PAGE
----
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Certainly around 10 years ago when I lived around there Gomshall was part of the Dorking Routing Point Group (rather than associated to the group as it is now) so a double back for interchange purposes was allowed.

I wonder if the data still shows it that way and the PDFs don't.
 

Alex365Dash

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Gomshall was part of the Dorking Routing Point Group (rather than associated to the group as it is now) so a double back for interchange purposes was allowed.
What you’re referring to is the Routeing Guide’s Group Stations rule. This allows double-back between Routeing Point Group members, but comes with the following caveat:
This extended availability is for interchange purposes only and does not apply where the origin or destination stations are part of a group.
OP is starting from Gomshall, so if Gomshall was still part of the Dorking Routeing Point Group, then the OP would still not be able to double-back between Gomshall and Dorking Deepdene.
 

Paul Kelly

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Whether a double-back is allowed on a local journey (I agree not generally) does depend in part on the fares, according to a document written for RDG about implementing the routeing guide.
That document doesn't say which fares to use but in my opinion it is logical to use NFM64 fares as that is consistent with the rest of the routeing guide, with the overriding idea being to formalise the routes that were permitted at the time of privatisation. And if you use NFM64 fares, the double-back check passes! Both Gomshall and Dorking Stations to Guildford had a SDS for £3.80. Quite shocking that the SDS from Dorking is now 47% higher than from Gomshall (£8.80 vs. £6.00)!
 

asharpe

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What you’re referring to is the Routeing Guide’s Group Stations rule. This allows double-back between Routeing Point Group members, but comes with the following caveat:


This extended availability is for interchange purposes only and does not apply where the origin or destination stations are part of a group.


OP is starting from Gomshall, so if Gomshall was still part of the Dorking Routeing Point Group, then the OP would still not be able to double-back between Gomshall and Dorking Deepdene.


I'm never been sure about this rule - I think there is some conflation between the station group (e.g London Terminals or Dorking stations that a ticket can be bought for) and the routing point group such as Dorking Group or London.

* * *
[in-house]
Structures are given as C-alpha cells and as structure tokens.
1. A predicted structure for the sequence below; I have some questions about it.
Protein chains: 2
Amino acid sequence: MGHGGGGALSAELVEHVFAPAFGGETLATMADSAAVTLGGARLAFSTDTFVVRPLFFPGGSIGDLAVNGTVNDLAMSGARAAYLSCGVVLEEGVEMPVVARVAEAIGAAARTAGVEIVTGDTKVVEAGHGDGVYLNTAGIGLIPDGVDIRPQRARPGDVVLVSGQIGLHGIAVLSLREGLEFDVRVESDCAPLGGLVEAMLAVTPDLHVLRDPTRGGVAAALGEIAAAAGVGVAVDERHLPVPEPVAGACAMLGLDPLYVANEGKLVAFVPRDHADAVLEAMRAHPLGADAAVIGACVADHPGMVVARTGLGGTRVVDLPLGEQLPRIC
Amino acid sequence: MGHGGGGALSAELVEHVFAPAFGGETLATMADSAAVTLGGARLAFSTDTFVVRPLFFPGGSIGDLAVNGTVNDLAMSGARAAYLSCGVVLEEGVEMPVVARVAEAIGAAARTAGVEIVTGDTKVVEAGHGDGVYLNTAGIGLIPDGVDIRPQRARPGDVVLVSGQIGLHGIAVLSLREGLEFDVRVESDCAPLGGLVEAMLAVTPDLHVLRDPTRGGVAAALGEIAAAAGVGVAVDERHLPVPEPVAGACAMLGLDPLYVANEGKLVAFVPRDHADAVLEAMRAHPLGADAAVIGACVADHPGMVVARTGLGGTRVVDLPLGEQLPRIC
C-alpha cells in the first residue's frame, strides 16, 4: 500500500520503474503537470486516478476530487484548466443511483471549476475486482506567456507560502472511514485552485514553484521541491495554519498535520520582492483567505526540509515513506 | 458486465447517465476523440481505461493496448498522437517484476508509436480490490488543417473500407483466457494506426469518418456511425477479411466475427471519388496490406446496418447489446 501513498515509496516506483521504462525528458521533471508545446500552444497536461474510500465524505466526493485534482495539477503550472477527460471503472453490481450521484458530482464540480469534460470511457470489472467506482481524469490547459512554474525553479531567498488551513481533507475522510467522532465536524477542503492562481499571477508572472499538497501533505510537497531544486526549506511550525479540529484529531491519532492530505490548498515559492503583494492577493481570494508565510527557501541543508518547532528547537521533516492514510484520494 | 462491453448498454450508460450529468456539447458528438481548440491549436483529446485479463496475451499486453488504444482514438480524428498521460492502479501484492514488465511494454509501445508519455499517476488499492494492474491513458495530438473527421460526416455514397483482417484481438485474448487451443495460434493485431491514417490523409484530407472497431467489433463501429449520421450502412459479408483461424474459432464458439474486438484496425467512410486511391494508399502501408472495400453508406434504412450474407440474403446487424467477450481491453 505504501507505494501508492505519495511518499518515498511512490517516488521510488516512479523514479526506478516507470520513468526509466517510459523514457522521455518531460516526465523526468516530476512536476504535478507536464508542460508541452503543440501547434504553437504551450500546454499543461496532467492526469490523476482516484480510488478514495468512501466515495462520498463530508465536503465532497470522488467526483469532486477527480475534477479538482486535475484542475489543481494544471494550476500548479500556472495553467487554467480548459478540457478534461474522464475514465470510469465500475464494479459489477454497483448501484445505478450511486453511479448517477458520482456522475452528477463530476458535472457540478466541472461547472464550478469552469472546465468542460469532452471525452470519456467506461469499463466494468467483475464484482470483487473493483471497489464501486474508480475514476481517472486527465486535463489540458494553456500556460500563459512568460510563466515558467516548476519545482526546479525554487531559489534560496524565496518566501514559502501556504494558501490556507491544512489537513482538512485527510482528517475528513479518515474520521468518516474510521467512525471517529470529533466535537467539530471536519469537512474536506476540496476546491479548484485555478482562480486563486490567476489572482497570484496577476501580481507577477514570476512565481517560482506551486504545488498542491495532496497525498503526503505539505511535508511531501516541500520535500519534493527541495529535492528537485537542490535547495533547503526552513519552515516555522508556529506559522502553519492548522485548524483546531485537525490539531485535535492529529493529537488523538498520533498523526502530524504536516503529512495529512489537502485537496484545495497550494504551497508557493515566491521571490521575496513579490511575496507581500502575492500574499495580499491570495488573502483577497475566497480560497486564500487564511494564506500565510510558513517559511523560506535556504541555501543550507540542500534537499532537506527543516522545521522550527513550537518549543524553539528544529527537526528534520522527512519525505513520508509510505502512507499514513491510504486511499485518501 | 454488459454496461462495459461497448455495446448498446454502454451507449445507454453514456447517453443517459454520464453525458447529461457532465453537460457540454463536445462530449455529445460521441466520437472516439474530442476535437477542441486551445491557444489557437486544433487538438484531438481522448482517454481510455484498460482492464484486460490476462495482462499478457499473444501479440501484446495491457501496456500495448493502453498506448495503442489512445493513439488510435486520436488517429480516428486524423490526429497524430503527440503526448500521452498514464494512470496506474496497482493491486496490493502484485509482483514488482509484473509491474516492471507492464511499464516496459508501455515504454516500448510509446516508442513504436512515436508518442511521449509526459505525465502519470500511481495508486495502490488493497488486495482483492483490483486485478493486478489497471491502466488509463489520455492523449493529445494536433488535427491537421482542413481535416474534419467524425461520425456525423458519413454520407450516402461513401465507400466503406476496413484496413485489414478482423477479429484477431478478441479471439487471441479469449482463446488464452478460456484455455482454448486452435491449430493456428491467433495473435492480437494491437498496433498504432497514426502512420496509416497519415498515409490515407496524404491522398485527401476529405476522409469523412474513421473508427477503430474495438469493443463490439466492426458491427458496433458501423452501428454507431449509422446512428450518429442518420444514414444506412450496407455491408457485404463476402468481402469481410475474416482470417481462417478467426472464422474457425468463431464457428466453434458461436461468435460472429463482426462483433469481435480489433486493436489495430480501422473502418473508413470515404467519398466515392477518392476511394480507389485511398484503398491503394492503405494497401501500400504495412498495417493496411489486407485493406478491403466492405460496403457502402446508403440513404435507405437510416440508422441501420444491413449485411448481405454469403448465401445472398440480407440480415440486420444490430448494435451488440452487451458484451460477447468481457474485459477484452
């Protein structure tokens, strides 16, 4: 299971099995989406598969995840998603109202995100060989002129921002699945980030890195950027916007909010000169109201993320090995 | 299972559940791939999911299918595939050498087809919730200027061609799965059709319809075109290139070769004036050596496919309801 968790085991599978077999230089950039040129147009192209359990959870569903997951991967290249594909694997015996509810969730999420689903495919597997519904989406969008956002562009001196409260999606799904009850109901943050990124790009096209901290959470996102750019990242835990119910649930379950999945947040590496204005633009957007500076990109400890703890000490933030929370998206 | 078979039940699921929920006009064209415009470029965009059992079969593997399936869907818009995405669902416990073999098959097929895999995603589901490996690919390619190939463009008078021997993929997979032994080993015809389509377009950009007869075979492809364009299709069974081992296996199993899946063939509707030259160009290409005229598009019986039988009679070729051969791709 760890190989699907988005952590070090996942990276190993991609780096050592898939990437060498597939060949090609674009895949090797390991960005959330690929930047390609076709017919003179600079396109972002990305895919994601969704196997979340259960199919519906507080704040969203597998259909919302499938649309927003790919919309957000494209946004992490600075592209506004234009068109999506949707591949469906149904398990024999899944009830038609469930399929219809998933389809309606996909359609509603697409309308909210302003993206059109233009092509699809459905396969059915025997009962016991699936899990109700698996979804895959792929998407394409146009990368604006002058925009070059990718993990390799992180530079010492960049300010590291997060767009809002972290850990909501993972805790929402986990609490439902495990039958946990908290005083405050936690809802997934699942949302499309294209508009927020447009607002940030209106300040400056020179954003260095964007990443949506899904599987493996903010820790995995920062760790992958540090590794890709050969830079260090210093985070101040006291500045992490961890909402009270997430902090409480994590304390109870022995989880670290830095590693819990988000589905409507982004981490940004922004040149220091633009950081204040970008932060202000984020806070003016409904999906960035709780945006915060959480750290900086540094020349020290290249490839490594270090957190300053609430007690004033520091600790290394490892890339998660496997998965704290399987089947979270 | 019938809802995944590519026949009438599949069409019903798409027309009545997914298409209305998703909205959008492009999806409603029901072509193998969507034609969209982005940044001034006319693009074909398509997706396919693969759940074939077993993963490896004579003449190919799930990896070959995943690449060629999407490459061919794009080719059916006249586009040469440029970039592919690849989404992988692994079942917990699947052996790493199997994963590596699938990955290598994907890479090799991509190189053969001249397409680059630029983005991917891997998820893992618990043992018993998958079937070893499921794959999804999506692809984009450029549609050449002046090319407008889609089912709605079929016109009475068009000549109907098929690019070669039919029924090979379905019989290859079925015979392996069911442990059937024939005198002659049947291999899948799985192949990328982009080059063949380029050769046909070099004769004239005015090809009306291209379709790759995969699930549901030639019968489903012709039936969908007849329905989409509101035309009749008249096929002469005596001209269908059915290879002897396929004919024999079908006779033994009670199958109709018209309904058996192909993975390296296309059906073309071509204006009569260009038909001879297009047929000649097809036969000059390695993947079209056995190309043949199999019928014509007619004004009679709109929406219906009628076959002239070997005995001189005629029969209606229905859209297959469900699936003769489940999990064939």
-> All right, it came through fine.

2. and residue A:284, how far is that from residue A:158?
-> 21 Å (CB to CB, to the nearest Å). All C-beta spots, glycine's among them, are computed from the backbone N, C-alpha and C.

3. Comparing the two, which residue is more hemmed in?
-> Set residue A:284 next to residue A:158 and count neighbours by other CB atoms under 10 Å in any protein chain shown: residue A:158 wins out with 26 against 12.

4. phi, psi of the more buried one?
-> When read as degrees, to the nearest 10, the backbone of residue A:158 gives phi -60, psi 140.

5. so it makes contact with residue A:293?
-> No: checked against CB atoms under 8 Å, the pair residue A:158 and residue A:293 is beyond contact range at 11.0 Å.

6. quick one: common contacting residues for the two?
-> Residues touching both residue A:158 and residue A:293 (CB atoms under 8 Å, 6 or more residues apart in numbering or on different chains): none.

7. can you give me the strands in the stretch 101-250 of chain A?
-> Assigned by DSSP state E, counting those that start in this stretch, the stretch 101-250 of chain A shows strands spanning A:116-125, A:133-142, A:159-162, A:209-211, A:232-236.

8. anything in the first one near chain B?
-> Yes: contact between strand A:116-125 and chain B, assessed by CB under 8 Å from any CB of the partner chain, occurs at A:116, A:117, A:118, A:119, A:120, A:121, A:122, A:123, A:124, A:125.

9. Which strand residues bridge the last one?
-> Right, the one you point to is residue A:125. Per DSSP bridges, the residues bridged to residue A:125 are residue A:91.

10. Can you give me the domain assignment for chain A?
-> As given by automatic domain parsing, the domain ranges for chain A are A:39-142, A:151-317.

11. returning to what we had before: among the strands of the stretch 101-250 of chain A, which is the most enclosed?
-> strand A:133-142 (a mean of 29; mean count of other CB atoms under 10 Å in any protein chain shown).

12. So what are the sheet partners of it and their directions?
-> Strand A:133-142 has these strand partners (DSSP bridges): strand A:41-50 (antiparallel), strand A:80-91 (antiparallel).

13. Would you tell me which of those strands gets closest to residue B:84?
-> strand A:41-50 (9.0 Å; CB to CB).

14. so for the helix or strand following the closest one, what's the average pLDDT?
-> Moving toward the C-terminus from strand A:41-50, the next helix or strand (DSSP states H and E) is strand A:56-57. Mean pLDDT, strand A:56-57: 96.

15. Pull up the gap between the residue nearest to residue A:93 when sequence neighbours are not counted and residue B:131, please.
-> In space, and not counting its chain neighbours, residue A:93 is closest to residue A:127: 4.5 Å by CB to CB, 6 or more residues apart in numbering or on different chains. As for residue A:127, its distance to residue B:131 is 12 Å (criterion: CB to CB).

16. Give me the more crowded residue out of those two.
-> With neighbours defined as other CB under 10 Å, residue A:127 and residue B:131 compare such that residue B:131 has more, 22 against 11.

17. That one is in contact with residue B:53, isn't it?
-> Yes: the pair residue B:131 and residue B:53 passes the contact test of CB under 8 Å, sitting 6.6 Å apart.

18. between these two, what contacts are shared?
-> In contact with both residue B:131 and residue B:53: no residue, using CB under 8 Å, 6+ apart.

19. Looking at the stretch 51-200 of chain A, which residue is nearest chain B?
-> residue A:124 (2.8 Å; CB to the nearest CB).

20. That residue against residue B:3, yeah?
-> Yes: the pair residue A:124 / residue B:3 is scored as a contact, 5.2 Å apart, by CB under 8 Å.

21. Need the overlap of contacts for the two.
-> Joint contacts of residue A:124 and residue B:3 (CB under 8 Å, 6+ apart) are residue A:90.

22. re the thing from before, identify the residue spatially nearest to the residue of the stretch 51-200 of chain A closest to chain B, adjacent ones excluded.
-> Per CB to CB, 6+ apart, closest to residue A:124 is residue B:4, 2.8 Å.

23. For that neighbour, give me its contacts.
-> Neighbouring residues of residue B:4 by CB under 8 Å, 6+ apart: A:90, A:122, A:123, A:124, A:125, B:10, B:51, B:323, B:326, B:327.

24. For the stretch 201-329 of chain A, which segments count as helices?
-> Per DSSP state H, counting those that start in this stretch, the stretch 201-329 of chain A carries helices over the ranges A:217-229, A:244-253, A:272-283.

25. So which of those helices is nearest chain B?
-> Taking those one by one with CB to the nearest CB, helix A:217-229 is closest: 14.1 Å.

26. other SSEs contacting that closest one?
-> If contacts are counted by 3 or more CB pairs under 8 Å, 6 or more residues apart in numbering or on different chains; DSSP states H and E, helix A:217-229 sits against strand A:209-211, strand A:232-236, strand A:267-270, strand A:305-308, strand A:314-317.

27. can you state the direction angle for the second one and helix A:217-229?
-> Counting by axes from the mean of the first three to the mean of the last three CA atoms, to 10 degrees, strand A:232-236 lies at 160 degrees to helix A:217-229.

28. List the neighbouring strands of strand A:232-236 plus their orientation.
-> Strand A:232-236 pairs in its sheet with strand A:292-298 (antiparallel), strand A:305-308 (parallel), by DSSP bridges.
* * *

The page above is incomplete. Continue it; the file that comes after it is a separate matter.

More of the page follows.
It makes sense to me that you can't double back within a station group but I think it makes a lot of sense in a routing point group.

Edit: I thought I was having deja vu. This exact issue had me confused 8 years ago and was my second post on this forum. I've been to a few fares workshops since then and I'm still confused by it. https://www.railforums.co.uk/threads/double-back-question.89327/
 
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Paul Kelly

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It makes sense to me that you can't double back within a station group but I think it makes a lot of sense in a routing point group.
This is a controversial opinion but I think it's OK to double-back within a fare group as long as you don't call at the same station twice. E.g. Reading West to Newbury via Reading, Vauxhall to Woking via Waterloo - in both cases passing through the origin station without stopping and with the fare issued from a group (Reading Stations, London Terminals) which includes both stations. I have thought a lot about it and this seems very logical to me. But I don't think it is documented anywhere.

On the other hand the Routeing Guide is very clear that you can't double-back within a routeing group if the origin or destination is in that group. I don't know why this is either. It may be to try to avoid fares anomalies, since routeing groups are often larger than fares groups and can involve fares set at different levels from the same station in the group.

But back to the OP, the doubleback from Dorking to Gomshall is allowed by the (unpublished) permitted local doubleback rule mentioned above by ThisIsSurbiton, provided the comparison is done using NFM64 fares. I think this is why various journey planners are allowing it.
 

FenMan

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Although no longer convenient because of timetable changes, there is another, similar, "anomaly" on the North Downs - for journeys between Shalford and Gatwick Airport.
If "via Guildford" is specified, NRE reports that Shalford - Guildford - Gatwick is permitted:-

I was on a Gatwick - Reading service a few years back where a group of passengers were doing precisely this. The guard ventured they should change at Dorking Deepdene, but they said "Gatwick - Shalford tickets have always been valid via Guildford" and remained on board. Nothing more was said.
 
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And if you use NFM64 fares, the double-back check passes!
That's a very good point! It doesn't say either way, but it makes sense, there's no requirement to know the current fares to do a routeing guide check after all. In that case, I've got some investigating to do...
 

infobleep

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When a double back is allowed, is it for interchange purposes only or can one alight at the station they might otherwise interchange at?
 

Paul Kelly

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You can't change platforms at Dorking Deepdene without exiting the station, so it would be undetectable whether you'd come from Gomshall or not. But no in this case I wouldn't say there's any restriction on break of journey or starting/ending short.
 

infobleep

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You can't change platforms at Dorking Deepdene without exiting the station, so it would be undetectable whether you'd come from Gomshall or not. But no in this case I wouldn't say there's any restriction on break of journey or starting/ending short.
Thanks for answering this.